When someone else does the cooking
There is deep joy, I am convinced, in someone else cooking dinner for you. Someone else takes care of the shopping, the preparation, and, most importantly in my opinion, the dreaded washing up.
For Christmas we were given a voucher to a lovely local restaurant. The senior recipe tester and I quickly took the chance to have dinner on our own. But, given that there was money remaining on the voucher, we thought we would have a second intimate dinner. This time for five.
And so last weekend we set out for an evening of relaxation, good food and good conversation.
We had sat at the table for perhaps a minute and a half before the first drink went over. The junior recipe tester who spilled it is such a master at such feats that he now tends to either, try and hide the fact that he's had a spillage, or comment immediately upon the magnitude of spillage in an attempt to reduce the richter scale of exasperation that surely follows.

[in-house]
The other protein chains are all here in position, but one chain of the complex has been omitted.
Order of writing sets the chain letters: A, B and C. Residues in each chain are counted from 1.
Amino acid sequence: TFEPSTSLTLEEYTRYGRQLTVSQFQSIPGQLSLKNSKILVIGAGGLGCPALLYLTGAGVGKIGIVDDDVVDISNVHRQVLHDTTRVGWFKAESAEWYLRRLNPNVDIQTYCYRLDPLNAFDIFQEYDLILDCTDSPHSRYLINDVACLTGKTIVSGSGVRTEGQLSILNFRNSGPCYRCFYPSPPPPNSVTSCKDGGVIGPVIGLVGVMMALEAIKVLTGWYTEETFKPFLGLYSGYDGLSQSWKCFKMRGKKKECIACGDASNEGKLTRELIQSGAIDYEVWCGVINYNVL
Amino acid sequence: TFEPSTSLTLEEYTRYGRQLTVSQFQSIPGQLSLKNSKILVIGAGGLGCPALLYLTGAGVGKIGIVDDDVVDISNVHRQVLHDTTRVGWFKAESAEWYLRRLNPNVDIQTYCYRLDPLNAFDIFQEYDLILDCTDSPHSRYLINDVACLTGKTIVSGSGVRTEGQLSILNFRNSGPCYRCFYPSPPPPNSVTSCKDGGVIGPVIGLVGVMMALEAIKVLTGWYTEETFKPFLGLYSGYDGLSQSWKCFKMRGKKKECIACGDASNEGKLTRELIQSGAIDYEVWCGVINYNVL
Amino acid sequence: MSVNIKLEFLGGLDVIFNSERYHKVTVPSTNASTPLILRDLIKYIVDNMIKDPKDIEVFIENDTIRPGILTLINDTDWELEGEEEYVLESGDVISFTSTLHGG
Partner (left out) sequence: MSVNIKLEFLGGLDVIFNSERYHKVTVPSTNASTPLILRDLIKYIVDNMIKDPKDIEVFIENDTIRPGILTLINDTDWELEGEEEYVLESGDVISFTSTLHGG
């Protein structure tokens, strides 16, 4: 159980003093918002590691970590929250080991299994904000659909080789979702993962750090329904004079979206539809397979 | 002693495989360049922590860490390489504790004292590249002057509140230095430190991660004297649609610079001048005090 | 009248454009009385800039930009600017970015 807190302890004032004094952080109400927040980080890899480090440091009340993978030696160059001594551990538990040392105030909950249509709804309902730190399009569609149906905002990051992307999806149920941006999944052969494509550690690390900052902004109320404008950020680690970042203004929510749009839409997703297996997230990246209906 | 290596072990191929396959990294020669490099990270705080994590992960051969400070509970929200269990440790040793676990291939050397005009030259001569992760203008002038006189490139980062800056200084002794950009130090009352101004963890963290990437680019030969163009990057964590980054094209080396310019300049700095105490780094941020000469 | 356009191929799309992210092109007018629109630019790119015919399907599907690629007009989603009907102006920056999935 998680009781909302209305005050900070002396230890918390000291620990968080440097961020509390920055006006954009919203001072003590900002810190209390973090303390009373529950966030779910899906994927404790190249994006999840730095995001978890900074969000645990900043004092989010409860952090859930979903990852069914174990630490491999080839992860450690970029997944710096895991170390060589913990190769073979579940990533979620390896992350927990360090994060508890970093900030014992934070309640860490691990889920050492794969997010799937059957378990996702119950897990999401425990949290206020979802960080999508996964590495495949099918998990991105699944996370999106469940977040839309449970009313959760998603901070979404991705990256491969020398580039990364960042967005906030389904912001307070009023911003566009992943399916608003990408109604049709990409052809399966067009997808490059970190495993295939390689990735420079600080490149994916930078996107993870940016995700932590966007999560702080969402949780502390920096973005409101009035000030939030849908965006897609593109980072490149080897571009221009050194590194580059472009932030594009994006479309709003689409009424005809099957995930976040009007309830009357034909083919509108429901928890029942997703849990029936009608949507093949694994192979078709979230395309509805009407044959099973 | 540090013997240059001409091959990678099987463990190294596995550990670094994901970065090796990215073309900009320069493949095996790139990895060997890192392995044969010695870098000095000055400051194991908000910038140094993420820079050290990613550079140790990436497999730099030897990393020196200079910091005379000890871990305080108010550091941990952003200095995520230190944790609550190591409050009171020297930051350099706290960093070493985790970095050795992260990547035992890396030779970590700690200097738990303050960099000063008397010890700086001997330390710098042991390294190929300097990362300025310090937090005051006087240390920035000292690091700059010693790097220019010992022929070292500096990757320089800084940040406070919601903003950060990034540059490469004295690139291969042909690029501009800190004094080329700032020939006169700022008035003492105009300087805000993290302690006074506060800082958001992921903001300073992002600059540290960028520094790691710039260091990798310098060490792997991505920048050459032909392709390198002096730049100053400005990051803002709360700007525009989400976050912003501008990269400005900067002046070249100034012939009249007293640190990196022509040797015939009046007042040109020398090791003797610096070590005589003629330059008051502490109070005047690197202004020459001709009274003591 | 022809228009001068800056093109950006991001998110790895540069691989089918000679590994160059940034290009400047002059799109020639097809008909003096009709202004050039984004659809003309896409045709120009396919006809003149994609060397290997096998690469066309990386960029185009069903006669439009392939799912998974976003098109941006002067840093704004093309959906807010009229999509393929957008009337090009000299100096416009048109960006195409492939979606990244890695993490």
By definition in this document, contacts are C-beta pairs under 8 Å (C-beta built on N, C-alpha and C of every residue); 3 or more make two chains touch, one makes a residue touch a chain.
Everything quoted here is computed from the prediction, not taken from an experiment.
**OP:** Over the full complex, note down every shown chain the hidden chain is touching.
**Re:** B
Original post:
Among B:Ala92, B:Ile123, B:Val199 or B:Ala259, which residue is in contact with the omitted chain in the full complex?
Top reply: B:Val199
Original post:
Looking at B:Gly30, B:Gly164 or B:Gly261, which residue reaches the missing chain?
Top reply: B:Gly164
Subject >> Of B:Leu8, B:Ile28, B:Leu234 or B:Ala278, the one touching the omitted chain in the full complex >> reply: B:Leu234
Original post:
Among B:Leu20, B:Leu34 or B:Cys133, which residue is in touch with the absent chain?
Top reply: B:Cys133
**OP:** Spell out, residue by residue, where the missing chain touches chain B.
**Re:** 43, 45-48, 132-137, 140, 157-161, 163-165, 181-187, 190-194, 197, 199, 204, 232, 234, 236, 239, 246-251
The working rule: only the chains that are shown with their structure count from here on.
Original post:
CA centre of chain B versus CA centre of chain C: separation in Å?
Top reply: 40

In this instance he commented immediately on magnitude. Not that much, in his considered opinion. However, given that we were in a restaurant and the drink was special, and filled with ice, he had to make a second admission: his "not very" wet shirt, chair, table and floor were freezing cold. He required assistance.
Assistance was delivered through gritted teeth, but determined not to ruin the evening, we took some deep breaths. Thankfully, at that point the meal arrived.
One soggy junior began to assert that there was a problem. The slow roasted, falling apart, meat sitting on his plate was "too crunchy". We politely suggested he was being ridiculous. No, he insisted, it was crunchy. And, what was more, his teeth were not strong enough to chew it.
I imagine one day we'll encounter this problem again. One day, 40 years from now, the senior recipe tester will sit opposite me at a restaurant. We will hope that the denture glue is steadfast. And I will gaze into his eyes and say, "My teeth are not strong enough to chew this..."